BPM system performance evaluation basics

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Performance tuning is a broad topic with regards to BPM.  We often equate this to peeling back layers of an onion, the top layer gives way to more and more settings we need to examine.  While this can be a time consuming process, it's a good idea to do the evaluation from time to time on older systems and to check these settings for any new environments you may setup.

This article is designed to walk you though the basics of performance tuning, but it is not a comprehensive list nor is it designed to address architecture issues.  Only base level settings on BPM.

THE BASIC AREAS:

  • HARDWARE, VM, CLUSTER SETTING BASICS
  • NETWORKING
  • JVM HEAP SETTINGS
  • DATASOURCE CONNECTION POOL PROPERTIES
  • SYSTEM TIMEOUTS
  • TWCR (TeamworksConfiguration.running.xml) SETTINGS
  • MONITORING FOR PERFORMANCE
  • MORE INFORMATION OR ASSISTANCE

HARDWARE, VM, CLUSTER SETTING BASICS:

There are a number of considerations with regards to the base machine installation.  Generally speaking these requirements are listed here: IBM BPM Advanced detailed system requirements.

Consider the following initially:

  • CPU - either real or virtual, you should most size the system appropriately.
  • RAM - Make sure you have at least enough to cover the base OS operations and JVM sizes you will be using.
  • OS - Please ensure it is a supported version of the OS or aware that non-supported versions may encounter issues.

NETWORKING:

Networking with BPM can get very tricky.  Please be aware that restricting network access via VLANs, firewalls, port forwarding, proxy configs, or other network related operations can negatively impact BPM performance.  This is because BPM can communicate with a number of systems (Datasources/SOR databases, LDAP, reporting servers, etc).  While many of these configurations are supported, each one should be examined and addressed in regards to it's own operations.

For example, let's say your database server and runtime server are on separate VLANs.  You should ensure all relevant ports are open for communication to any server on those other VLAN between the runtime BPM server and the database.

There is little to examine here other than being aware of the network architecture.

JVM HEAP SETTINGS:

Depending on the type of BPM installation, you can have a single or multiple Websphere application servers.  Usually you will see AppTarget, MEssaging, Support, WebApp or some combination of these, OR if it is a single cluster install, you may just see something like SingleClusterMemeber1.  In each of these Websphere applciuation servers, you need to check the min and max heap settings and the verbose garbage collection setting.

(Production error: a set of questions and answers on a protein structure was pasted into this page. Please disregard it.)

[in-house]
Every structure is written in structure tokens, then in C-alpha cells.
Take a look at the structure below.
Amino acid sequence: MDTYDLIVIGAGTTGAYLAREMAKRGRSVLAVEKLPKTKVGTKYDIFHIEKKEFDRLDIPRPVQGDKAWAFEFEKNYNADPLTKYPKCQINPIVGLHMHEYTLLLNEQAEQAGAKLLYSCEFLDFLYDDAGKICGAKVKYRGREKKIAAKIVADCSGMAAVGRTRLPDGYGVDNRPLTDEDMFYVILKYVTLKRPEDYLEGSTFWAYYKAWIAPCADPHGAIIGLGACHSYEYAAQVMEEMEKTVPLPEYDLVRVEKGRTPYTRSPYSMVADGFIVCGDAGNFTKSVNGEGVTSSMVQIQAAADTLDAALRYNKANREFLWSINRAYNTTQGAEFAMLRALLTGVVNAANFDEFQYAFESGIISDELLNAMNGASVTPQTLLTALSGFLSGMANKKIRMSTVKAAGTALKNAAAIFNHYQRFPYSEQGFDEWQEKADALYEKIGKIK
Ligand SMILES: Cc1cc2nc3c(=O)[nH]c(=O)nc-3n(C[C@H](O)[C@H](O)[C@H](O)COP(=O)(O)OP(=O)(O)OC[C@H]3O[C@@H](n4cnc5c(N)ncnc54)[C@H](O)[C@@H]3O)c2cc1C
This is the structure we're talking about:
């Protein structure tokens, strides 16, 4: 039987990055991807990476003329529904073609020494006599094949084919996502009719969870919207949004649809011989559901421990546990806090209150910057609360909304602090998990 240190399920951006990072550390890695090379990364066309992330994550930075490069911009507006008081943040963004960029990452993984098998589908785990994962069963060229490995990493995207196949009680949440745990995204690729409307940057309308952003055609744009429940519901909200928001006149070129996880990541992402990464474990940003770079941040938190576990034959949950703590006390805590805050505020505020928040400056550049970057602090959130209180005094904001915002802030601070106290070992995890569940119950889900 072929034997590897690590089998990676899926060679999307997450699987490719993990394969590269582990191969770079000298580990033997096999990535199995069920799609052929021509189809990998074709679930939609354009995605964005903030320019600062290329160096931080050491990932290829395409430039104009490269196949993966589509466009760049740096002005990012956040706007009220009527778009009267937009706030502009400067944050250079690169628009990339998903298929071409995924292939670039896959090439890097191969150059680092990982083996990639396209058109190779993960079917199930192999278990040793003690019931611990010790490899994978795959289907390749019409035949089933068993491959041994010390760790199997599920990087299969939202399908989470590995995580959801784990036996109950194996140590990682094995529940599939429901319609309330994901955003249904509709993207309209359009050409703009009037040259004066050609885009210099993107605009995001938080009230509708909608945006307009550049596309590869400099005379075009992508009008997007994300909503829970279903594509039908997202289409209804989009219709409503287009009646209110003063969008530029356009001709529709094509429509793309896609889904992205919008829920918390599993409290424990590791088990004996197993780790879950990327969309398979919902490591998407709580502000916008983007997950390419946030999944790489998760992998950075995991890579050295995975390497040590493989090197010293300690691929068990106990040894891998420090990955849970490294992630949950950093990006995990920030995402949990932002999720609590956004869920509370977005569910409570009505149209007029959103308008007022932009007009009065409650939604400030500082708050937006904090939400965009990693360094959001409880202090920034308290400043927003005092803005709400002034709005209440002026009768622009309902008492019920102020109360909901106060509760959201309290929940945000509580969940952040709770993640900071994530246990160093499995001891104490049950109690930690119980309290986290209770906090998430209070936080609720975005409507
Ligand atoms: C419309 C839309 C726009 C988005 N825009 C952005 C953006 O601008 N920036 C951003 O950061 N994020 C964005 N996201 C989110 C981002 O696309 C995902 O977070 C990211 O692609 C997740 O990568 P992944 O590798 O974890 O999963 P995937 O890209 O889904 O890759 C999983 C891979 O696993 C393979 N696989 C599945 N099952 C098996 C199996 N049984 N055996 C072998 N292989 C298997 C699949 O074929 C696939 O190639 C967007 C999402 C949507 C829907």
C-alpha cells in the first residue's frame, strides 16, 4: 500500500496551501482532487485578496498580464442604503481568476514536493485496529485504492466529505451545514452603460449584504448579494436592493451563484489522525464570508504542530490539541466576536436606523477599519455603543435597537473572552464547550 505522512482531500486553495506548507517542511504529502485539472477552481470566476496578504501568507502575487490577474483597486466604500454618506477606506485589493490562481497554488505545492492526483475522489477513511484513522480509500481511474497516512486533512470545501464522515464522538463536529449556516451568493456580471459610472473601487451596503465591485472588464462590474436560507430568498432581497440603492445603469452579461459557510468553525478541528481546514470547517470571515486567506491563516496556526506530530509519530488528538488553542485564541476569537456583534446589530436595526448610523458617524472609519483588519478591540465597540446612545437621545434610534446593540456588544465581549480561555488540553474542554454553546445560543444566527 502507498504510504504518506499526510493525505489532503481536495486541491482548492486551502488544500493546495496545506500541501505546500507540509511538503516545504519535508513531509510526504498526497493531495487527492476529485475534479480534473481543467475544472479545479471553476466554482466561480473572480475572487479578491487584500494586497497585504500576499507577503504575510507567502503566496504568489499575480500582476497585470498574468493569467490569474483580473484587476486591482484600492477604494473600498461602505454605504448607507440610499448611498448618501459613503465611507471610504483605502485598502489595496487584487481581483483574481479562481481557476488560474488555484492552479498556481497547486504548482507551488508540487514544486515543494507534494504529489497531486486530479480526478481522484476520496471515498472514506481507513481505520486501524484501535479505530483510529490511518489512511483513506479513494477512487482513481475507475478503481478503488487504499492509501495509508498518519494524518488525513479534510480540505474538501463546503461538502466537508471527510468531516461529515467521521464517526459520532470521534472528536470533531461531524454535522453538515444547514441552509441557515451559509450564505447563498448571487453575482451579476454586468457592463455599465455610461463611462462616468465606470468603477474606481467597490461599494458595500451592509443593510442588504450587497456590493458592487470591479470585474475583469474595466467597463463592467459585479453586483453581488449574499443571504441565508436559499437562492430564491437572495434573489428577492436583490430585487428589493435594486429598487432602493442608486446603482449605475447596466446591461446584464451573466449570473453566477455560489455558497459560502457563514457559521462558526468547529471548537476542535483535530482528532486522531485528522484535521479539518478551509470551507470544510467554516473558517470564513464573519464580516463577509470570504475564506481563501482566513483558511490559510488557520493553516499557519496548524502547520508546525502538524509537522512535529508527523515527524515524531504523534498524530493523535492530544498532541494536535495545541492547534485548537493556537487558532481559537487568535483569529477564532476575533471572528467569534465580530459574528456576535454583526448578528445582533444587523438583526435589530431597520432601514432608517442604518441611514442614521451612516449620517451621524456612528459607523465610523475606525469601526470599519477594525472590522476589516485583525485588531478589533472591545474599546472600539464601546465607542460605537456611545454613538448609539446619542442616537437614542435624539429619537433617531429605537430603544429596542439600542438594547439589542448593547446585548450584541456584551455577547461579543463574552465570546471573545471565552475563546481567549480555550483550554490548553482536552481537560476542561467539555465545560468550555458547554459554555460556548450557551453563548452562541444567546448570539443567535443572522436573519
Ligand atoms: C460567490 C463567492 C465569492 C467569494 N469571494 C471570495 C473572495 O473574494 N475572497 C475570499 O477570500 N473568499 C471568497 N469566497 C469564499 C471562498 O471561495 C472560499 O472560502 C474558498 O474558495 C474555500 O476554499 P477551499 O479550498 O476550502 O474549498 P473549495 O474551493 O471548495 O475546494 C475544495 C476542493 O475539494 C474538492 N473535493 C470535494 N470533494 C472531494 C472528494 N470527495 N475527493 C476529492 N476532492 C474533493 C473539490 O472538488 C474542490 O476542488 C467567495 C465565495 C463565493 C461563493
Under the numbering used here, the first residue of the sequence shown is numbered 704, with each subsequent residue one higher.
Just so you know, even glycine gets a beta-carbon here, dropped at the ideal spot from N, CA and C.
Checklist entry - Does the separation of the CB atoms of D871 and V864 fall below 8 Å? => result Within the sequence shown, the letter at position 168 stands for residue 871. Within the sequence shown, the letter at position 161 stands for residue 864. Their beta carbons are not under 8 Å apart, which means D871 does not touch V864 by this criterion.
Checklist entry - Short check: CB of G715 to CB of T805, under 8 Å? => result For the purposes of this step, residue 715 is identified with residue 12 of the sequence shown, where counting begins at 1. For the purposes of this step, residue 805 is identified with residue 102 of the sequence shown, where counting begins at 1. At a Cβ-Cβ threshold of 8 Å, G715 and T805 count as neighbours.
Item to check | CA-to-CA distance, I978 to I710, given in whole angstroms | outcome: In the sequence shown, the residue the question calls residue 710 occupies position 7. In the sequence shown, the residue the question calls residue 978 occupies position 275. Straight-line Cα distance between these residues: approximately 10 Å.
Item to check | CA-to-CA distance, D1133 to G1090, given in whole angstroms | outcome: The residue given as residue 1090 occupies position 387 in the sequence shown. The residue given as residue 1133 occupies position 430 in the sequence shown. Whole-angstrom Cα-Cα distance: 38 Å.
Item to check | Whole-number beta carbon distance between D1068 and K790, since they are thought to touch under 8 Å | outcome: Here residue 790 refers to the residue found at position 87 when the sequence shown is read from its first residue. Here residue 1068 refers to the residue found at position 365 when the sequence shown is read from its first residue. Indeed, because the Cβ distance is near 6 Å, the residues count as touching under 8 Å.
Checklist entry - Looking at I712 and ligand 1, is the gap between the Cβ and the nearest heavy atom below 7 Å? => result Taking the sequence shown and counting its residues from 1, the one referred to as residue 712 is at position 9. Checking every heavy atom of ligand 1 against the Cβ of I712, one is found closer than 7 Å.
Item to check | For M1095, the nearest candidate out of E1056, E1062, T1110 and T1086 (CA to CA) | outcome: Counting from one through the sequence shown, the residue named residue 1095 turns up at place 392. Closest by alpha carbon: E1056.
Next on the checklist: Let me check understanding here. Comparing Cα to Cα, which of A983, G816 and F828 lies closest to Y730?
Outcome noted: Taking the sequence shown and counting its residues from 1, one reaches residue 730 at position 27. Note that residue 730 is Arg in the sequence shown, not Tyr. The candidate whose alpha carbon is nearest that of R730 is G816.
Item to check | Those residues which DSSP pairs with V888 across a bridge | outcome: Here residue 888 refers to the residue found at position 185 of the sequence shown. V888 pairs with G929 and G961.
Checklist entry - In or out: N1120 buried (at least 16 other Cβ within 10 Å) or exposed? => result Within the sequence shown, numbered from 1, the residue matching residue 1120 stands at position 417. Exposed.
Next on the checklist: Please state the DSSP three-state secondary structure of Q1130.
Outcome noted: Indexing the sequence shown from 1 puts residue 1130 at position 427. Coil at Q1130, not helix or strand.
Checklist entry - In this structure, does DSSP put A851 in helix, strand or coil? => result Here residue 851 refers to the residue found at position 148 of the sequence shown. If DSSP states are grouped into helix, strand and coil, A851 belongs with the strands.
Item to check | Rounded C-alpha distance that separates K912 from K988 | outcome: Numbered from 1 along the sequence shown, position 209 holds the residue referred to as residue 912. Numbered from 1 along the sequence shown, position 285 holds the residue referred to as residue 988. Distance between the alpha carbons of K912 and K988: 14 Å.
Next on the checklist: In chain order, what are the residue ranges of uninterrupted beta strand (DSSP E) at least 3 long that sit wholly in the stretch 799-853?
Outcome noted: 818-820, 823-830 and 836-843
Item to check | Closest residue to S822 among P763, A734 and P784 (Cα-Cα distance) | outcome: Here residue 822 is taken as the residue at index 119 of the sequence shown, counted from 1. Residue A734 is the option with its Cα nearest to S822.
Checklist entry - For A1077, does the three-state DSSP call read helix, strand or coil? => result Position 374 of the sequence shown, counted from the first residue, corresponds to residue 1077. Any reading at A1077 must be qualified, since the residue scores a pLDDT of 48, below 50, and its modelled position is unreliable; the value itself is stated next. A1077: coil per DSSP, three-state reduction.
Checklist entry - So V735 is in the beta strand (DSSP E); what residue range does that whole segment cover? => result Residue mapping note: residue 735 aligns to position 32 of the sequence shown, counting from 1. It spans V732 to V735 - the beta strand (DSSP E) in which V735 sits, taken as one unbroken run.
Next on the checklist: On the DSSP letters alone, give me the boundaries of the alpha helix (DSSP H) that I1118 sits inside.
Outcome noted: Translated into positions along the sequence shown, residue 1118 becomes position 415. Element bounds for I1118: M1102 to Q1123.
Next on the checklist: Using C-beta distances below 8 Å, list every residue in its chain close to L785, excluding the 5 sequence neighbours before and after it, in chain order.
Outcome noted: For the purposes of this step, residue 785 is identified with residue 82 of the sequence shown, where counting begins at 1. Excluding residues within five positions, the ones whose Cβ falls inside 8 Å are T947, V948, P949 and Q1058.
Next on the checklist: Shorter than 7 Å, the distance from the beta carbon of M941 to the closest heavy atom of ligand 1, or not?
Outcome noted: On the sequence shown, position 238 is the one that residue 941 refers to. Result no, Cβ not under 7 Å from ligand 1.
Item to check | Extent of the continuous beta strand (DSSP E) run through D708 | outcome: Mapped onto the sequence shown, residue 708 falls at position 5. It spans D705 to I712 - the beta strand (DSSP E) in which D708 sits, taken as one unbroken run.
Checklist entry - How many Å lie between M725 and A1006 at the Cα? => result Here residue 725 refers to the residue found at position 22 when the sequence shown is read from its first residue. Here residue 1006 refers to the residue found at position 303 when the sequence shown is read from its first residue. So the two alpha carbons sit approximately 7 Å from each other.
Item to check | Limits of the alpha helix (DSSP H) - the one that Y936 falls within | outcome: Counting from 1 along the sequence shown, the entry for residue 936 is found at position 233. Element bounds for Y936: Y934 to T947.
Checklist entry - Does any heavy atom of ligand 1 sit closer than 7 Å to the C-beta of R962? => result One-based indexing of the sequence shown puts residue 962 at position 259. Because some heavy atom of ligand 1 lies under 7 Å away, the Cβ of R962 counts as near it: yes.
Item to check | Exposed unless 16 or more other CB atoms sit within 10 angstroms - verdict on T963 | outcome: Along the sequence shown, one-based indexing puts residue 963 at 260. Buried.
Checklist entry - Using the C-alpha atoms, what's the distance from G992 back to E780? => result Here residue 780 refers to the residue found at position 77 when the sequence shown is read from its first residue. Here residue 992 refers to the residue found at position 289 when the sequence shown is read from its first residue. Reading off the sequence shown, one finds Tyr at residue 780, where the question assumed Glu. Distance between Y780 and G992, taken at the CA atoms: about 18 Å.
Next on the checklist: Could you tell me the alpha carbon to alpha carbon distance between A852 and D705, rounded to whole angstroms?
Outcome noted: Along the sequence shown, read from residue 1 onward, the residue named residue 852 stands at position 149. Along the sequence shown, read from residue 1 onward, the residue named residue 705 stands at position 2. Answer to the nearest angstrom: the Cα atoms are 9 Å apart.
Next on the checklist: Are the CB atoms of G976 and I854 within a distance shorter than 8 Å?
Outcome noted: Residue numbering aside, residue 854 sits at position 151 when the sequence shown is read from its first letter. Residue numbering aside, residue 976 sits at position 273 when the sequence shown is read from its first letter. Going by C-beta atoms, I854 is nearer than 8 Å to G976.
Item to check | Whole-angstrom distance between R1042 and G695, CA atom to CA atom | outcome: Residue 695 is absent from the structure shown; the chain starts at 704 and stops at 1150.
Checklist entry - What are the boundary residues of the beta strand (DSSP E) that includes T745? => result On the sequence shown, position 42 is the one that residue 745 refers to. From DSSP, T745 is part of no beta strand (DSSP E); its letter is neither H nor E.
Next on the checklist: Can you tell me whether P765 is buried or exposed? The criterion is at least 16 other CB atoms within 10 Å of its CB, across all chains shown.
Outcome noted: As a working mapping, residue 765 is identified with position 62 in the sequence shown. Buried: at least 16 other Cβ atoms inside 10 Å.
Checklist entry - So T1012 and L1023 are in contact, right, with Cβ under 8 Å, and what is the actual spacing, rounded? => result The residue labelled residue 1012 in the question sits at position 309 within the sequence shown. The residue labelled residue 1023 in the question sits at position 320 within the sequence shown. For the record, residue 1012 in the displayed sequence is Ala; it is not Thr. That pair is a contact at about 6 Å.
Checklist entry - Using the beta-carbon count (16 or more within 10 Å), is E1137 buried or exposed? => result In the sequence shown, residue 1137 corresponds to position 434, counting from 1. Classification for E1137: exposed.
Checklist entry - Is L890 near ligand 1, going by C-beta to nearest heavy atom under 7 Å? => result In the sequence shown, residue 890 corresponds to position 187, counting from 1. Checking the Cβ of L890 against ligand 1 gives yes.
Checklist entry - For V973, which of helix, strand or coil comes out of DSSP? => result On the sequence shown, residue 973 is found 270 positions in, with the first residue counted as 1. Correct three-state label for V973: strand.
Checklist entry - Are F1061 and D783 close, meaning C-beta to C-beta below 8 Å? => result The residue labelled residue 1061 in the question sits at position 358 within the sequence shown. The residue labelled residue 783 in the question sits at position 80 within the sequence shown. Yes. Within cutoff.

Settings can be accessed by:

  • Login to the Websphere Admin Console (or WAS console)
  • Expand Servers -> Server Types -> Websphere application servers
  • For each server you have listed, click the link to open it's Configuration page
  • Under "Server Infrastructure", expand Java and Process Management -> Process Definition
  • Click Java Virtual Machine on the right hand side

You will then see the settings we need to examine.  Each is described below [1]:

Initial heap size

Specifies, in megabytes, the initial heap size available to the JVM code. If this field is left blank, the default value (50MB) is used.  For BPM, this value is almost certainly too low and should be increased.  The value should be lower than the maximum heap size.  Increasing this setting can improve start-up, however if the heap is too large to reside in physical memory (heap size is greater then RAM available) then paging can occur.  This can then result in a noticeable decrease in performance.

Maximum heap size

Specifies, in megabytes, the maximum heap size that is available to the JVM code. If this field is left blank, the default value (256MB) is used.

The default maximum heap size is 256 MB. This default value applies for both 32-bit and 64-bit configurations.

Increasing the maximum heap size setting can improve startup. When you increase the maximum heap size, you reduce the number of garbage collection occurrences with a 10 percent gain in performance.